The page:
April 6, 2017
April 3, 2017
The Loudoun County Partnership for Resilient Children and Families released Resilient Children, Resilient Loudoun today, a report providing a valuable overview of the current state of children and families in the county, as well as 4 key recommendations:
- Increase community outreach to underserved and isolated families in Loudoun County.
- Support parents in the difficult job of parenting.
- Improve and increase reporting of children in danger of abuse or neglect.
- Increase funding and training for Loudoun County human service providers.
“Positive childhood investments will create a healthier Loudoun,” noted Sonia Quiñónez, Executive Director of SCAN. “Prevention efforts often get pushed aside in tight financial times. But it is far less expensive to invest early in preventing crises and helping children and families become more resilient in the face of life challenges. We hope that the information presented in this report highlights some of Loudoun County’s most urgent needs and focuses our efforts to effectively support vulnerable families and prevent traumatic childhood experiences.”
Loudoun County’s population has grown by 20% since the 2010 census, and its foreign-born population now accounts for nearly a quarter of the total population. At the same time, median household incomes are more than double the national median, yet one out of 25 school-age children in the county lives in poverty. Local schools, child protective services, mental health providers and traditional healthcare providers all reported dramatic increases in Loudoun children in need of mental health supports.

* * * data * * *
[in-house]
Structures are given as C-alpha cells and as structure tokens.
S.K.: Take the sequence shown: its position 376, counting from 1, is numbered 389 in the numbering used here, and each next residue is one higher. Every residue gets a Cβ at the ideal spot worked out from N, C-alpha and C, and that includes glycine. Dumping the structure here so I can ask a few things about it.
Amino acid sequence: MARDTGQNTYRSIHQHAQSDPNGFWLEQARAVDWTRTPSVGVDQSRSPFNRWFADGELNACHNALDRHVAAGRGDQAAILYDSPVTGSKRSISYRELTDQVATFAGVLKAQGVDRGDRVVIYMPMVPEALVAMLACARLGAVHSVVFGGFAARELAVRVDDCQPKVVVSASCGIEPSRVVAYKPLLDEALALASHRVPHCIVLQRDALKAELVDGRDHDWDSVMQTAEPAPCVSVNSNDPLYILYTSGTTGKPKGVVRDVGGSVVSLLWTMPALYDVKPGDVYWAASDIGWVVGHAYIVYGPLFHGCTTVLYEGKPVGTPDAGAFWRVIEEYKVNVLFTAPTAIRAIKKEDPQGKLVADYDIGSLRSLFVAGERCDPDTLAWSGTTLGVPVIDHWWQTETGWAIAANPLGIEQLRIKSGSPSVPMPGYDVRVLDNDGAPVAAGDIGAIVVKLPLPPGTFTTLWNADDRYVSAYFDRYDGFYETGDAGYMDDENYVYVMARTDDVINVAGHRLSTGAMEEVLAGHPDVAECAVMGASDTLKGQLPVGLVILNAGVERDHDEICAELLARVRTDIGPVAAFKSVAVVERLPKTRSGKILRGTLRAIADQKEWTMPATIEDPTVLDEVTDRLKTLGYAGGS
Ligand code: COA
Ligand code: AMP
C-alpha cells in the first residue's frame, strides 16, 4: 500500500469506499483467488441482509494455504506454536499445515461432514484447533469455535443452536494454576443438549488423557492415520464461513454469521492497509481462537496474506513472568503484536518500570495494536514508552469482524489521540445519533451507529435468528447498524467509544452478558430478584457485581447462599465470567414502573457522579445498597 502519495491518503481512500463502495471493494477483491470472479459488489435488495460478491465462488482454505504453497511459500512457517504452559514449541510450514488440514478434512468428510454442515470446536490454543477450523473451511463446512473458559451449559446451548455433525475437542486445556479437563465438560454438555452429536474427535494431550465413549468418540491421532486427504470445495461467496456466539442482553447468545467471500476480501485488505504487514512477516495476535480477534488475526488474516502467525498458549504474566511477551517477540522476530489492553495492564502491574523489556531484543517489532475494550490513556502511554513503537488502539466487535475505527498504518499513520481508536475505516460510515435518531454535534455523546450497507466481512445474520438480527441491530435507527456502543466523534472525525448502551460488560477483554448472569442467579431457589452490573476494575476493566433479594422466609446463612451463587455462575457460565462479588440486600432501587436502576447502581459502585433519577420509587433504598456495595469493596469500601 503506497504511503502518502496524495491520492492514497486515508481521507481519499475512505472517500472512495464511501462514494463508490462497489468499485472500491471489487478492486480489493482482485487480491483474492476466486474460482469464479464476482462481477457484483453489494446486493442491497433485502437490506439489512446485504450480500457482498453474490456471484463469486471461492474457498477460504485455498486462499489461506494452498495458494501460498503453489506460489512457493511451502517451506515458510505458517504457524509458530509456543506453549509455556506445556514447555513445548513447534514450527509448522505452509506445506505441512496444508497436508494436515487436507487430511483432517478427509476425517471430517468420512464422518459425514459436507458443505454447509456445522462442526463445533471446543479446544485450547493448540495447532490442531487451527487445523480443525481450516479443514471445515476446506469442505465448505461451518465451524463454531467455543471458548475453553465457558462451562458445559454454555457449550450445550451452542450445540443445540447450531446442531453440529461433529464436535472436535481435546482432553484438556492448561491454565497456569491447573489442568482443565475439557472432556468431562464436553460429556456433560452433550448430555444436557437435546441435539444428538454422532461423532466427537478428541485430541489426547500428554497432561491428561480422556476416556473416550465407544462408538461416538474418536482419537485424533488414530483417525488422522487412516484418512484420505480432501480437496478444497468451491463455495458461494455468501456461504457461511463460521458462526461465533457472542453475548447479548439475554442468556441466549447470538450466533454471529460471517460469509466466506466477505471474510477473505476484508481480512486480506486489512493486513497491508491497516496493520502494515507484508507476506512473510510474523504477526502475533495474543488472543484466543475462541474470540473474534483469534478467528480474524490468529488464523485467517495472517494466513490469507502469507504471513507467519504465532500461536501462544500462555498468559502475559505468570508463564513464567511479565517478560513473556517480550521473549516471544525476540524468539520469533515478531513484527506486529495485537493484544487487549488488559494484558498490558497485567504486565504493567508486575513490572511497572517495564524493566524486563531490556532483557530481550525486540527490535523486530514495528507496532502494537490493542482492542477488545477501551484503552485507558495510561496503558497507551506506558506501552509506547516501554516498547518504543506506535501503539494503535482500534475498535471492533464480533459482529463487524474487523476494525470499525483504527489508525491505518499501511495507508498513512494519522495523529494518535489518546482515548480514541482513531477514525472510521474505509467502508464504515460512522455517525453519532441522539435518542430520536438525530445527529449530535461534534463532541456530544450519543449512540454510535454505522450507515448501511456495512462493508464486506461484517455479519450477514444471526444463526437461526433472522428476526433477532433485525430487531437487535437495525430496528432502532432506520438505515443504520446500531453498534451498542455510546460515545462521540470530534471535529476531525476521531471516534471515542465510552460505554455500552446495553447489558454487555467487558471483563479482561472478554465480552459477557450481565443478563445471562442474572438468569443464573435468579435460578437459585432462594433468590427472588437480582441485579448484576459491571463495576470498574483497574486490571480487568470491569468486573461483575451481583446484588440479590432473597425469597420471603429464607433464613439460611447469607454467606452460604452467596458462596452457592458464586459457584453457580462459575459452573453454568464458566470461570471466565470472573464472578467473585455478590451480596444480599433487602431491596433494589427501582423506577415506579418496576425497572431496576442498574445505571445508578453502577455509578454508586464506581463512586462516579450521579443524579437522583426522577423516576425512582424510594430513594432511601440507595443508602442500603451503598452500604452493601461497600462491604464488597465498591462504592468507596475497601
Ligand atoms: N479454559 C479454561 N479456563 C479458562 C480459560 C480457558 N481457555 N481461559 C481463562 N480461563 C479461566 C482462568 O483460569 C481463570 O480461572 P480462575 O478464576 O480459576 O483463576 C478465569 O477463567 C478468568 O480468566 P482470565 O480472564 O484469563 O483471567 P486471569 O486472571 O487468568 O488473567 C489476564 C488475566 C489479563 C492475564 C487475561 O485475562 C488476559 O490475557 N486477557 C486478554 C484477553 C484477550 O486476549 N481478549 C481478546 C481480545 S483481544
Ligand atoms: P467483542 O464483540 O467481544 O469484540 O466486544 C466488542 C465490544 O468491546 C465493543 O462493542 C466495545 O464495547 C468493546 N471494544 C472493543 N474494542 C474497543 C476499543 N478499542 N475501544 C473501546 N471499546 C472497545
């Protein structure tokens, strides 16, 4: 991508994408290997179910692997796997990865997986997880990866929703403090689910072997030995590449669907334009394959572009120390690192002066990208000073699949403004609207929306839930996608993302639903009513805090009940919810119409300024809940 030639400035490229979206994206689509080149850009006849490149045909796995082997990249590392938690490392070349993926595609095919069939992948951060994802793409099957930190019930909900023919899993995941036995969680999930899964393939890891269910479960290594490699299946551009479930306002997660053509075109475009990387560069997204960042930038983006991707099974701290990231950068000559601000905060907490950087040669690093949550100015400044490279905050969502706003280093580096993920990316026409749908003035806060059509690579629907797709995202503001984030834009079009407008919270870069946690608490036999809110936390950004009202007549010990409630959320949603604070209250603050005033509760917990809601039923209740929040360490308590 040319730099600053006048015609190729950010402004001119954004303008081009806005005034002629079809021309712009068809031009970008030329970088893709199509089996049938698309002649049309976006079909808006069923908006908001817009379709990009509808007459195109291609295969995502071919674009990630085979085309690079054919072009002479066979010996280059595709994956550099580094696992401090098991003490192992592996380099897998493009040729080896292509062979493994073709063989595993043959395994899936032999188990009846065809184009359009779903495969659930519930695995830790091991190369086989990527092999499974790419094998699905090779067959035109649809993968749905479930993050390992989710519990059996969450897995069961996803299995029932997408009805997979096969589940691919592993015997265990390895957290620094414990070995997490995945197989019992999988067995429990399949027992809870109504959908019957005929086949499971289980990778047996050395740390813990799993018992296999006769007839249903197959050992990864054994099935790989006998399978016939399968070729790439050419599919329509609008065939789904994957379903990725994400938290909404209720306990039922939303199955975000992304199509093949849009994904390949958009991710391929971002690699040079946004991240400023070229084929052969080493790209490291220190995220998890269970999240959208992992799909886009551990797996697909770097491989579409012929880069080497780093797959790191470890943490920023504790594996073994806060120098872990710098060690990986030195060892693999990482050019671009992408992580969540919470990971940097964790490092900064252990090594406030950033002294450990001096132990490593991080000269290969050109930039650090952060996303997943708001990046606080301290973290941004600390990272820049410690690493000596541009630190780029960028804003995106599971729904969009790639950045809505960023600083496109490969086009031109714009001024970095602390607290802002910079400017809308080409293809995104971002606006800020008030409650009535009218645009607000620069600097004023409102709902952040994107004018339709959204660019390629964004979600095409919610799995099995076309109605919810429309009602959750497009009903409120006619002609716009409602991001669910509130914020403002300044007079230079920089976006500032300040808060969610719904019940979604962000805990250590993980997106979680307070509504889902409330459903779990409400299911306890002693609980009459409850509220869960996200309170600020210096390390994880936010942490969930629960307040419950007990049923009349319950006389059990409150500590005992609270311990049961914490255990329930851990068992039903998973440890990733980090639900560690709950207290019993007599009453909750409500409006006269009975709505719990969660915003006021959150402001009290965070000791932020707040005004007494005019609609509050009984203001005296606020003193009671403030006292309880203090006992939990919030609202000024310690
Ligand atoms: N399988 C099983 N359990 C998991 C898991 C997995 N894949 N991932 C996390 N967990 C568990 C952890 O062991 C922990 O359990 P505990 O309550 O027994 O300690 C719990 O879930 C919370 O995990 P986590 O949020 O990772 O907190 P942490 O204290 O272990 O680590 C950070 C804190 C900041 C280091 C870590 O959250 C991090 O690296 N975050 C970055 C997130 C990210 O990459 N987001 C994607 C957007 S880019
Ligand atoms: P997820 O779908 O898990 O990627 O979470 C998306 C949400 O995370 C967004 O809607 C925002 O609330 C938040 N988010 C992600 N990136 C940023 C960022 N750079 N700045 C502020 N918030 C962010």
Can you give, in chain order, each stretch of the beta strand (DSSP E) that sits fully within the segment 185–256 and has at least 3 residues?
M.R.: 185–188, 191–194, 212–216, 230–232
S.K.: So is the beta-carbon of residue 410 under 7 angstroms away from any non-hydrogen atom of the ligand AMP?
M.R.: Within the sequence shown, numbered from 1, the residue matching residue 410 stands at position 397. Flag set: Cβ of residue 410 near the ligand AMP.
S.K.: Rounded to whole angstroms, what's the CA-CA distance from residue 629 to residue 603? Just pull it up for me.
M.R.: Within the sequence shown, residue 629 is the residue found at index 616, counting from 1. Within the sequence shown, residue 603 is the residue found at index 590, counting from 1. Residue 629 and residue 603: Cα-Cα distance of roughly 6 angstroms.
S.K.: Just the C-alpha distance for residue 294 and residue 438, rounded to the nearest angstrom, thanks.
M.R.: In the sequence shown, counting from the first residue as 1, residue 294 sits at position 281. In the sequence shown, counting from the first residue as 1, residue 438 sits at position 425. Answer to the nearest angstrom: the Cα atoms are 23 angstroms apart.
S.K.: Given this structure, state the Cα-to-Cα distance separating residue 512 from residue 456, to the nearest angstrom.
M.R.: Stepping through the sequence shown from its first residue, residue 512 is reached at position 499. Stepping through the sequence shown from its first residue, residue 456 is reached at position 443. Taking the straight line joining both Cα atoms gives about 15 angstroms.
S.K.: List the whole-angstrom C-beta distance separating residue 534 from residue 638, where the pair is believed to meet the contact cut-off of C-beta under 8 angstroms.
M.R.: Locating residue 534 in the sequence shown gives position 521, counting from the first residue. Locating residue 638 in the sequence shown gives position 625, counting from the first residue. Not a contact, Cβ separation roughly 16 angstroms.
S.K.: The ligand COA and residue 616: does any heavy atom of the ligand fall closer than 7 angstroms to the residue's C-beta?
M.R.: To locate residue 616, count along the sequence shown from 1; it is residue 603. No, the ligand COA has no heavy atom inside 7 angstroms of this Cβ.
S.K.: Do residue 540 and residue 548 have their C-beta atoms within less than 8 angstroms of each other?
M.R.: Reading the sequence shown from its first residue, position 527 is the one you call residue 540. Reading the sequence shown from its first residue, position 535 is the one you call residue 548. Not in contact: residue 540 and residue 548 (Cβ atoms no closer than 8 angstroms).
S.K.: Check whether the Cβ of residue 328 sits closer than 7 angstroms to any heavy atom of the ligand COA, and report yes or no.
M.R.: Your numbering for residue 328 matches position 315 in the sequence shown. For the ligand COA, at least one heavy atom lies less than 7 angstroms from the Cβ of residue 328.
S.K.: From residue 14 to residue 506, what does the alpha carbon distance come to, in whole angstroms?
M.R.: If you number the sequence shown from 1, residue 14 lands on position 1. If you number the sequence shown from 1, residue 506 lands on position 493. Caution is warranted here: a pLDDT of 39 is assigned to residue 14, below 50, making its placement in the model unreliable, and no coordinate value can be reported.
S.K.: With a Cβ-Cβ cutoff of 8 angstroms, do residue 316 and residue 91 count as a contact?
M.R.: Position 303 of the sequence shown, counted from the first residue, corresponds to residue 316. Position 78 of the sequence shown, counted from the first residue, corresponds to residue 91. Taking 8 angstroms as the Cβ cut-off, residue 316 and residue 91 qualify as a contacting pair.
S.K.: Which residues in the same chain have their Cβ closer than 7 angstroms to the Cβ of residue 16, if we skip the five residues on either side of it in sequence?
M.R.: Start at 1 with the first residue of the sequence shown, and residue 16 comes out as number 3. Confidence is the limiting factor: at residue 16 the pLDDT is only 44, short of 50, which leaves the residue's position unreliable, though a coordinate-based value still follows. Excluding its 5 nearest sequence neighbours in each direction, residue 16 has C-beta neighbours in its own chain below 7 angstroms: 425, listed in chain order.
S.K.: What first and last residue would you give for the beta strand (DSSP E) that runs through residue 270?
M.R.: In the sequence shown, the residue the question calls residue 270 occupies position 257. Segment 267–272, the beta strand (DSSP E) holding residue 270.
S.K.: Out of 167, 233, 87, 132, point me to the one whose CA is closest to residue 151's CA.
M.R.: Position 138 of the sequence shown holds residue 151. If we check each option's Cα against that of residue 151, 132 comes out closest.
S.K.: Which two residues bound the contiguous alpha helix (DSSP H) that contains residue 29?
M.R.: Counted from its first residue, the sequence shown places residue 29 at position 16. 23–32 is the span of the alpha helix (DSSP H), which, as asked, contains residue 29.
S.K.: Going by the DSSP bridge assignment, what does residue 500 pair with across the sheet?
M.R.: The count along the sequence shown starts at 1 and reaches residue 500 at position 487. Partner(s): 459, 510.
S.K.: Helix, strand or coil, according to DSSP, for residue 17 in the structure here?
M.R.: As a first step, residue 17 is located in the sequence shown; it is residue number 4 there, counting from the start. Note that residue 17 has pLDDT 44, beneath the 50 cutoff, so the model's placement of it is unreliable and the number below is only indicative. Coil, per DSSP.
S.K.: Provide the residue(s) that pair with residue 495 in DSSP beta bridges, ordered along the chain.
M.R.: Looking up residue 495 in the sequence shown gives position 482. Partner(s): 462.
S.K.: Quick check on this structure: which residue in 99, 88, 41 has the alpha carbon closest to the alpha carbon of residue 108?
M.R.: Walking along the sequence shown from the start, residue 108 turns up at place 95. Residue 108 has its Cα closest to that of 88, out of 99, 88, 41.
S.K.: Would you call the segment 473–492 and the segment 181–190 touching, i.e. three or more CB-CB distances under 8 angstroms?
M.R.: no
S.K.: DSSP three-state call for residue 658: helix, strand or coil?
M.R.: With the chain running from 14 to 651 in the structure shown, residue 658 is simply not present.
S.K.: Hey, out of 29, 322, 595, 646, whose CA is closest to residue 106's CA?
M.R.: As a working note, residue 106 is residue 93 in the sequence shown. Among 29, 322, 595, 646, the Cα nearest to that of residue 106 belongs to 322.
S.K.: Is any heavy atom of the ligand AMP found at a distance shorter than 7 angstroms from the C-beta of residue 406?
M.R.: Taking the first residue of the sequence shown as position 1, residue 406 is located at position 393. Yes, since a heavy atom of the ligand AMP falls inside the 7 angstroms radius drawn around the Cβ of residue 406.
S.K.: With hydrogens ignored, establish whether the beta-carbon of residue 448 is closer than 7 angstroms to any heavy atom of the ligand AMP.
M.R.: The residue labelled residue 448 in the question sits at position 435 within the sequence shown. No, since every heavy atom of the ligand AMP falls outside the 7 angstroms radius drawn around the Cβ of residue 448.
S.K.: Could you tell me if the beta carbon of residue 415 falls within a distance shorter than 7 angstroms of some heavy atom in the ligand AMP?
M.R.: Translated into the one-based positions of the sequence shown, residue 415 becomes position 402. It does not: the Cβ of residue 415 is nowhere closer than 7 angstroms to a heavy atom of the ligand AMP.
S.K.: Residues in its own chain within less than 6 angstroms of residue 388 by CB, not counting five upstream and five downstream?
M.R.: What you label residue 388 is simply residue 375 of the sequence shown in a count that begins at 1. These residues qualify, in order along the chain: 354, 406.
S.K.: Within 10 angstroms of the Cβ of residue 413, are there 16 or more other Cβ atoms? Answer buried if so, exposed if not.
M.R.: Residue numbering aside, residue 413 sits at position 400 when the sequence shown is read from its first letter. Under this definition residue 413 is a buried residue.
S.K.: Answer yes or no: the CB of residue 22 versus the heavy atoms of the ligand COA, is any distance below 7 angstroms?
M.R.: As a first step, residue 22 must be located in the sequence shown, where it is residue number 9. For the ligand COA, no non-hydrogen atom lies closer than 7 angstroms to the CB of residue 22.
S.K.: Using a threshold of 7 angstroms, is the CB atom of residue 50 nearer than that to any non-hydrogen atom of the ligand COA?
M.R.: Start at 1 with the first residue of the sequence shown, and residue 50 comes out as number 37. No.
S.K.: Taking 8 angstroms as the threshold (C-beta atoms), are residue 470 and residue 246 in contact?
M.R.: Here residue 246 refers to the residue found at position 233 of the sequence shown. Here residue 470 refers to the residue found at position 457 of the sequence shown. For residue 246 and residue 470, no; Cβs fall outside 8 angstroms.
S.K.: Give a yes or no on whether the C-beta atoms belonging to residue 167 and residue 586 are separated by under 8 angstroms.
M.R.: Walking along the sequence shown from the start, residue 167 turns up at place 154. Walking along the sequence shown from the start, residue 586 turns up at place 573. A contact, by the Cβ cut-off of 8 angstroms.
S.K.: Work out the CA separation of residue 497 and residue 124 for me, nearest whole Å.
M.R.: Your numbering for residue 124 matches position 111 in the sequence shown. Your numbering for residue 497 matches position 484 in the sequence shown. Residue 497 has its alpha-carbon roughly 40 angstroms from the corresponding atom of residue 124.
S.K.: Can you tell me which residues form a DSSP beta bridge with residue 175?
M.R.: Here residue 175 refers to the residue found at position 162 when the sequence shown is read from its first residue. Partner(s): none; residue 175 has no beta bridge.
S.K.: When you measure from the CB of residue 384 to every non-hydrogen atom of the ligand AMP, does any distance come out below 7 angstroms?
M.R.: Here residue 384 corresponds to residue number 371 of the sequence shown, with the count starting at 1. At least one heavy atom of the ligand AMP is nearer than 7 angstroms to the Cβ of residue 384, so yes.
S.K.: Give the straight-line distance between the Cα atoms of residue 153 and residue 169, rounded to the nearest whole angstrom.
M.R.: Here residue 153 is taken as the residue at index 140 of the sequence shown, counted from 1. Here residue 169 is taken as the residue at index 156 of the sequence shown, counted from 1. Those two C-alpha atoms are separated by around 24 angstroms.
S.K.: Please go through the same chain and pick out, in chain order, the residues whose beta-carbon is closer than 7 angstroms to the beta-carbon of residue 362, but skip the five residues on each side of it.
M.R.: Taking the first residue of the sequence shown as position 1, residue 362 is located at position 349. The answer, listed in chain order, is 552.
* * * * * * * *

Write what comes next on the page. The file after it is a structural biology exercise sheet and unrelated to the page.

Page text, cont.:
In 2016, SCAN of Northern Virginia, with support from the Northern Virginia Health Foundation (NVHF), convened a steering committee of public, private, and non-profit organizations that serve children and families in Loudoun County. The goal was to assess the needs of vulnerable children and the resources available to support at-risk families; collaboratively develop recommendations for addressing the gaps identified; and raise awareness of how a community can best support vulnerable children and reduce long-term health outcomes for individuals, families, and communities.
The Partnership’s work focused on non-medical factors that significantly influence health (often known as “upstream” factors), reflecting NVHF’s statement that “most of what makes us sick has less to do with health care and far more to do with where we live, work, play, and pray.” Those involved at the beginning of the process recognized that working upstream to improve health would require a coordinated community effort to nurture families and support children who have suffered trauma, witnessed domestic violence, or have not had safe, stable home environments in which to grow and develop.
Core members of the Partnership include HealthWorks; LAWS (Loudoun Abused Women’s Shelter); Loudoun Child Advocacy Center; Loudoun Department of Family Services; Loudoun Mental Health, Substance Abuse and Developmental Services; INMED; Inova Loudoun Children’s Emergency Room; Loudoun County Public Schools; the Loudoun County Sheriff’s Office; and SCAN of Northern Virginia, which facilitated the Partnership as well as publication of the report.
“By working ‘upstream’ together,” adds Quiñónez, “we can all help improve health and well-being for children, their families, and Loudoun County as a whole.”
Last year, the Partnership focused on collecting data from the community through focus groups, evaluations, phone calls and research. It also hosted 3 summits to engage the greater community in discussions about child sexual abuse, ways to support and engage immigrant families, and the neurobiology of stress and trauma.
This month, in conjunction with National Child Abuse Prevention Month in April, the Partnership releases its report to inform and energize the community in its second year of work. Members will share the data and recommendations with targeted community groups, as well as host 3 more summits that will begin to address both the recommendations in the report as well as capacity building issues in the County.
To learn more or download the full report, visit www.scanva.org/loudoun.